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01/16/2009

At Sea

We awoke to a foggy morning, in more ways than one. Our time in Antarctica, busy with landings and zodiac tours, had truly worn us out. Add to that a bit of rocking from the Drake Passage swell, and most of us found it a tad difficult to get up from under the blankets. Once we did, we saw that the Prince Albert II was in a fog as well, cutting her way through the mist en route to Ushuaia.

After breakfast, we groggily strolled into the theater for Ornithologist Rich Pagen’s lecture, “Albatrosses off the hook: Seabirds and fisheries in the new millennium”. Luckily, he was playing some Marvin Gaye over the speaker system, so by the time he began the talk, we had our groove on and our eyes had opened substantially. Rich spoke about the issue of bycatch in fishing, specifically the accidental catch of albatrosses and petrels in the Southern Ocean longline fishery for Patagonian toothfish. He presented the declining population trends for several seabird species, and then explained some of the techniques which are being used on fishing boats to keep seabirds from drowning on fishing hooks. He also presented us with a challenge to become involved in this and other issues, using our power as citizens and consumers to solve conservation problems worldwide.

We then participated in an emergency drill onboard the Prince Albert II, first gathering at our muster station in the theater, and then being evacuated to the lifeboats. We even had the opportunity to sit inside the lifeboat, and to ask questions about what it would be like if we had to actually abandon the ship. One of our major concerns was the lack of a bathroom on the lifeboat, which made the toilet paper shortage issue on the Prince Albert II seem like a walk in the park in comparison.

We then met for a talk by special guest Eric Whitacre entitled, “Chocolate: Good things from Earth’s garden”. Eric took us back to chocolate’s beginnings, as well as through the process of making chocolate from cacao. Considering the extent to which chocolate was an integral part of this expedition, the subject was particularly appropriate and we all learned a lot.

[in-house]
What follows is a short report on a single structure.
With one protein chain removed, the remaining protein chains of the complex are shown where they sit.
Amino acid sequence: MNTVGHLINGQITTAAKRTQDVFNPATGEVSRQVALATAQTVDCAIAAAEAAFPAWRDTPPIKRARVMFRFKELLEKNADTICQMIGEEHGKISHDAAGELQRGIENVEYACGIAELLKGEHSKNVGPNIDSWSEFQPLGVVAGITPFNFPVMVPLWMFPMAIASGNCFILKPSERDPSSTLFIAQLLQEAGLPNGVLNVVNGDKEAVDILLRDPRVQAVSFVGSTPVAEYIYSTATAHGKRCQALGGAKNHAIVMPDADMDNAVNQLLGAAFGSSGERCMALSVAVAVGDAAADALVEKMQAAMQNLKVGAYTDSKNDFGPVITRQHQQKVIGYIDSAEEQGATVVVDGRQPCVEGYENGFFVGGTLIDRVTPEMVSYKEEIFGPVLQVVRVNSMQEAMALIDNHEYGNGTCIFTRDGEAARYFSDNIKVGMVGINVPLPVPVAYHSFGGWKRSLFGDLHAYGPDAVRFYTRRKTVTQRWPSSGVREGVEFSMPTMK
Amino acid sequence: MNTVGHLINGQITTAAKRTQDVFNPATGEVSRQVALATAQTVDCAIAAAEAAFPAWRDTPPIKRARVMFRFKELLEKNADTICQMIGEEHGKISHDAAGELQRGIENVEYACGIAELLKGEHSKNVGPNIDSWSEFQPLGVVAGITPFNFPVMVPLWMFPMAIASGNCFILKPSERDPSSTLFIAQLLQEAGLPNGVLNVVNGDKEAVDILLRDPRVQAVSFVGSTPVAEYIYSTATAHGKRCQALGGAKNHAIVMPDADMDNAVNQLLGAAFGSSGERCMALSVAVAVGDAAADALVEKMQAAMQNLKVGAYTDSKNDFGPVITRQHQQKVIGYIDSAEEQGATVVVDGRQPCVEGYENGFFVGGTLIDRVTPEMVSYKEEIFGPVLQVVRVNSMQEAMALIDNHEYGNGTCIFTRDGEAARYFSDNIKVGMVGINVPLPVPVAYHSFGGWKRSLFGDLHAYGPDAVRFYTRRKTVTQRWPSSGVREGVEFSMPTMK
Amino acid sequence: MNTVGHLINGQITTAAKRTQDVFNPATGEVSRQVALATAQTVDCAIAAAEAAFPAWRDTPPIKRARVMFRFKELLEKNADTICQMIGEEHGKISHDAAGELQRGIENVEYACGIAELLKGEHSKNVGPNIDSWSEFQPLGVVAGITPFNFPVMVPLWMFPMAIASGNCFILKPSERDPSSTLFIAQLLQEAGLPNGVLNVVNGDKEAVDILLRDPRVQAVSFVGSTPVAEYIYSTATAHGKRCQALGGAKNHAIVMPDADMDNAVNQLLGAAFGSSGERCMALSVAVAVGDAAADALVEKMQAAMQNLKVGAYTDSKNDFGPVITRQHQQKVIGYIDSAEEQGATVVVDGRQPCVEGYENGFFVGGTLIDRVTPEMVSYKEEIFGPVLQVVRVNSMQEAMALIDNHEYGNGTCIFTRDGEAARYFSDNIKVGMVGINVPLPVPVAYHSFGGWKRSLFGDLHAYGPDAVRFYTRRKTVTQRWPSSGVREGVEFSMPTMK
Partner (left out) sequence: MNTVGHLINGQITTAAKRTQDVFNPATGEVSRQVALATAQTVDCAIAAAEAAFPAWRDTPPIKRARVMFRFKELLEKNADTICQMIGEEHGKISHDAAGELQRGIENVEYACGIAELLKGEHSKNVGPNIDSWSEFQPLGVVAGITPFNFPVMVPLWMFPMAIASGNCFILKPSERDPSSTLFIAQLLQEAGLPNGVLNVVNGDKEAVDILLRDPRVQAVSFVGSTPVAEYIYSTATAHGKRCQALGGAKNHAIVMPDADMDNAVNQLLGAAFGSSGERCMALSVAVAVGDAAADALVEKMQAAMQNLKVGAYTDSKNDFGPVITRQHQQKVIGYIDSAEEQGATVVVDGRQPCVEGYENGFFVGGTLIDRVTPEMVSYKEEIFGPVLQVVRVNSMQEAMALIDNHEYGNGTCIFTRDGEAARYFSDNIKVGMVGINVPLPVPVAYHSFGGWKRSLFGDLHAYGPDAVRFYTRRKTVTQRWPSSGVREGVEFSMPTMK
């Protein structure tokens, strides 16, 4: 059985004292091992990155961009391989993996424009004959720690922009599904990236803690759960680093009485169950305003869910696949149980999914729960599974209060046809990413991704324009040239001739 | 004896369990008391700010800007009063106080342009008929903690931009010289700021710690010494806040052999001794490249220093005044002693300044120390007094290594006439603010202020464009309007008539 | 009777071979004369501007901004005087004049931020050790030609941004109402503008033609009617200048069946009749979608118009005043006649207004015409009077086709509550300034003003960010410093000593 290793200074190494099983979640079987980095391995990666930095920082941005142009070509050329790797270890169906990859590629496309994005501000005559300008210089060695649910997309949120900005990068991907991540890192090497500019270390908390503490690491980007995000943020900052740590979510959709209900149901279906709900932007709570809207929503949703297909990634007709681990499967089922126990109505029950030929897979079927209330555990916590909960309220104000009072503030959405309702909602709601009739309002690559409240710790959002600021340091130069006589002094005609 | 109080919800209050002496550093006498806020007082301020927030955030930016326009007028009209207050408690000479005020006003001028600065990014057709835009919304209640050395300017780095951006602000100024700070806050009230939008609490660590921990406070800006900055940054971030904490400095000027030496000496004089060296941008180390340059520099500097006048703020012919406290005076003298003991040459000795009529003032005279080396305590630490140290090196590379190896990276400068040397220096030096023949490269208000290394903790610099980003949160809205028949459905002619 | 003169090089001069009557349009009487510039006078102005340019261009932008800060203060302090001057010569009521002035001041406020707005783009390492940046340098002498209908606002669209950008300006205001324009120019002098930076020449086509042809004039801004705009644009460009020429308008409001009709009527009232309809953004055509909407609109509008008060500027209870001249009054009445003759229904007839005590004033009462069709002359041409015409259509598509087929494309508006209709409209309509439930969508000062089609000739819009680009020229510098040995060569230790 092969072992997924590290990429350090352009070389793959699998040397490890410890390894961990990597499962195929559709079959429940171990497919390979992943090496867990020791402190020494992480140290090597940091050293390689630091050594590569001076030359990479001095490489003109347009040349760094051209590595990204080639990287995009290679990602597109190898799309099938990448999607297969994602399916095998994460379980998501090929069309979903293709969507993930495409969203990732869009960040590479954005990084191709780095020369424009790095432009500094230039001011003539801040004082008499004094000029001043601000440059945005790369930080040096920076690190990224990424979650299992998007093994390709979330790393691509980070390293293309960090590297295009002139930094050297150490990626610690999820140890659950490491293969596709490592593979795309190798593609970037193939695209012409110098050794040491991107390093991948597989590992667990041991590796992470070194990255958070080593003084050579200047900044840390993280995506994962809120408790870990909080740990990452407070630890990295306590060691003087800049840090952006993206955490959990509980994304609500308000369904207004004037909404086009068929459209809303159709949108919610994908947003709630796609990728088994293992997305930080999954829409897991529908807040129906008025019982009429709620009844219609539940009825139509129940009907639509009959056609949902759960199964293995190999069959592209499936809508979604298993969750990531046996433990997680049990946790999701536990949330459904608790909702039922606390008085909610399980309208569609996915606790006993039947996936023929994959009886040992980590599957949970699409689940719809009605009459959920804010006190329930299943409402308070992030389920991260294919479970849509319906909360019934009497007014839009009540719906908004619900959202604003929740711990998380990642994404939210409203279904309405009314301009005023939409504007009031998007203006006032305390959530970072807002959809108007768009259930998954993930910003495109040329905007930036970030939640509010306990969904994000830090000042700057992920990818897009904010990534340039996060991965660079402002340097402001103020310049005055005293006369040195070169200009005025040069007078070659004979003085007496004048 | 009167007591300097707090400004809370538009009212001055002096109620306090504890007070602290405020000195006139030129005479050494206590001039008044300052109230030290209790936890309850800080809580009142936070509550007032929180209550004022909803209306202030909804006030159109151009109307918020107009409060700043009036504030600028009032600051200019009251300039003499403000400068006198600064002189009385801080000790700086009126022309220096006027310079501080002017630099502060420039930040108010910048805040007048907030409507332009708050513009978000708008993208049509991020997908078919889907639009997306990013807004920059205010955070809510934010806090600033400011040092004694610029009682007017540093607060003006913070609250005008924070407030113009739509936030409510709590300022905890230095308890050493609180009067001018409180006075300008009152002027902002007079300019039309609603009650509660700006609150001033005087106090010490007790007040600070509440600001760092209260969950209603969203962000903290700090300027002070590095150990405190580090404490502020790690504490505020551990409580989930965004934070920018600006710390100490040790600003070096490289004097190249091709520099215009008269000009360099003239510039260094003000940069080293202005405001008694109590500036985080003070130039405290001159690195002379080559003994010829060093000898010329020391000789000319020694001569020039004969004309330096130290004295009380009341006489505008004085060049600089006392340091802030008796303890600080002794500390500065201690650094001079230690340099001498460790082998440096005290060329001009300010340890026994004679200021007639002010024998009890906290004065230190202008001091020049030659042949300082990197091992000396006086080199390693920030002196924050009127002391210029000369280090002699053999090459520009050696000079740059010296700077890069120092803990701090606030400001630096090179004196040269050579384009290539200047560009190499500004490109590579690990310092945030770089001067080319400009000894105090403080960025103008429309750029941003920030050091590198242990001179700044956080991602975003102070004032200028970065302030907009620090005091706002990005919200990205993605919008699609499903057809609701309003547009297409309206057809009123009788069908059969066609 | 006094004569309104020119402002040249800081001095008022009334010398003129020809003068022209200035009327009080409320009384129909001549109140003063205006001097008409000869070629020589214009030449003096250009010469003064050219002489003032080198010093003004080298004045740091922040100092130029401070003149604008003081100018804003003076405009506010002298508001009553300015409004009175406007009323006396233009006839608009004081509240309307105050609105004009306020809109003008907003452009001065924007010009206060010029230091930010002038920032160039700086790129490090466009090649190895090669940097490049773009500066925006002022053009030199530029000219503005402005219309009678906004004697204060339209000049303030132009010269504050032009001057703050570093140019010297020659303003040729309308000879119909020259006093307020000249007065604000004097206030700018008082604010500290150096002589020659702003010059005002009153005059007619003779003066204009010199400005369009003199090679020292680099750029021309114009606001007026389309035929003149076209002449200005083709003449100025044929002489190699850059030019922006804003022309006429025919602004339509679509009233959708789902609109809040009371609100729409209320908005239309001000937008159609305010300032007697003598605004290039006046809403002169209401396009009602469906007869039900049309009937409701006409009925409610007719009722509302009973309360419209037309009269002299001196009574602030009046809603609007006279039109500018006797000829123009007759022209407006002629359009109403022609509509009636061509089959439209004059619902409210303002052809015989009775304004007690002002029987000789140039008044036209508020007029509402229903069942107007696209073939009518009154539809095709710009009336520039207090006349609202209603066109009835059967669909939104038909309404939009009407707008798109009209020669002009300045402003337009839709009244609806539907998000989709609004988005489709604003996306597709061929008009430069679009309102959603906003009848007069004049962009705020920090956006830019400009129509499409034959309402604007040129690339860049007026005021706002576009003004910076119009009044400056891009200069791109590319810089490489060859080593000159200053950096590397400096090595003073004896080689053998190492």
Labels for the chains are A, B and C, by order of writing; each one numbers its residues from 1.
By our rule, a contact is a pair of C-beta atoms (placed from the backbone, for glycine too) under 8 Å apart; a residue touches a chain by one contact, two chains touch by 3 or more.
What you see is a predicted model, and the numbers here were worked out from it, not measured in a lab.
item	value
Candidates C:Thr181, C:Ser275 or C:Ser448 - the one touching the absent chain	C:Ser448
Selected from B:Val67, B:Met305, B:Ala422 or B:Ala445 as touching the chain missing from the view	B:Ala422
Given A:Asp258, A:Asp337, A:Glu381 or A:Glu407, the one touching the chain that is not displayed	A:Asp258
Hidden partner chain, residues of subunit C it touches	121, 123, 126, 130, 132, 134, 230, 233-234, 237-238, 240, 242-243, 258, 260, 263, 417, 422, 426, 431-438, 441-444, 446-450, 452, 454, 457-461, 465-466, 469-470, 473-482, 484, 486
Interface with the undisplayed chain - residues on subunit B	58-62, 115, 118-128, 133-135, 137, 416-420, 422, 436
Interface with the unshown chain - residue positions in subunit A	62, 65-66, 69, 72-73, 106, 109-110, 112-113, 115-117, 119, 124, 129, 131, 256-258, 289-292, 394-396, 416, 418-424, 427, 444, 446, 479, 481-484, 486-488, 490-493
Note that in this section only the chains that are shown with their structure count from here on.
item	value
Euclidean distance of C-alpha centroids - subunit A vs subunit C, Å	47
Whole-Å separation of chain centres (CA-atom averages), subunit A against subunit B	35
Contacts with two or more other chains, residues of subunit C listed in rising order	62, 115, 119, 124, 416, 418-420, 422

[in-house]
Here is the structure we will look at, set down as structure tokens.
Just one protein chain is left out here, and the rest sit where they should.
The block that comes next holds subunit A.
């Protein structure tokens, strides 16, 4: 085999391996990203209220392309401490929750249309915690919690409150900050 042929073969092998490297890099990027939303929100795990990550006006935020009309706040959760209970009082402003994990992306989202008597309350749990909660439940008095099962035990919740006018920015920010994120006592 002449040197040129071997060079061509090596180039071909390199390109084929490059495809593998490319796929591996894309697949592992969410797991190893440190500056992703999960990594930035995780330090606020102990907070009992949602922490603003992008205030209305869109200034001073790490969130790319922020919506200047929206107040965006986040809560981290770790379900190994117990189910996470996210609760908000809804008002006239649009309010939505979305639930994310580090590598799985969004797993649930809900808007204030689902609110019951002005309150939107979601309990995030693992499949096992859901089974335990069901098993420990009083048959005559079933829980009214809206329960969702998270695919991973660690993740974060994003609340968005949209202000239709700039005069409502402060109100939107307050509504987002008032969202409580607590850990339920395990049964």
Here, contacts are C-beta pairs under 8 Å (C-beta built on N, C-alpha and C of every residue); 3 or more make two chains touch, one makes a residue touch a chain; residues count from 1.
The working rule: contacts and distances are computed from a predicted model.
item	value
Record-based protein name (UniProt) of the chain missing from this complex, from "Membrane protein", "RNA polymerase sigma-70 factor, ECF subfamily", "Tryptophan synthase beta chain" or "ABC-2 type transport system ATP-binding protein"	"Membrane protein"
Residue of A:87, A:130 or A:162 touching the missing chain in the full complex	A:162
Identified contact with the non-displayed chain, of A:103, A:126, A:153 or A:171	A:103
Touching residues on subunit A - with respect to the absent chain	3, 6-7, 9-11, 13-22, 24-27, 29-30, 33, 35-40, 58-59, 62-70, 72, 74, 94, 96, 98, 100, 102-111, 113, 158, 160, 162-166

After a relaxing lunch and a nap, we met in our penguin groups to discuss our experiences on the trip, and to decide what we might share with the entire group tomorrow at Final Recap to summarize our thoughts on our journey. We then headed outside for some fresh air and to afternoon tea in the Panorama Lounge before meeting Marine Biologist Charley Wheatley for his talk, “The future of the oceans”. Charley eloquently shared his concern for the human impact on the world’s oceans, touching on the issues of plastics, pollution, increases in CO2 in the ocean from climate change, as well as overfishing. He closed with his thoughts on solutions to these problems, and urged us to think about what role we might choose to play in these solutions.

Back in our state rooms, we showered and cleaned up before heading up to the Panorama Lounge for a drink. We then met the Expedition Staff for a light-hearted Natural History Quiz, led by Geologist Ralph Eshelman. We were amazed to realize how much we had learned over the past three weeks. Following dinner, many of us sang our hearts out at final karaoke before heading to our beds where the Southern Ocean rocked us to sleep.
 

   

Calm seas accompanied us as we headed northbound across the Drake Passage

Spending time on the bridge learning from the officers

Giant petrels accompanied the ship throughout the day

Learning about shipboard safety from our safety officer and crewmembers

The great Antarctic quiz was a fun way to review a lot of what we had learned on the voyage


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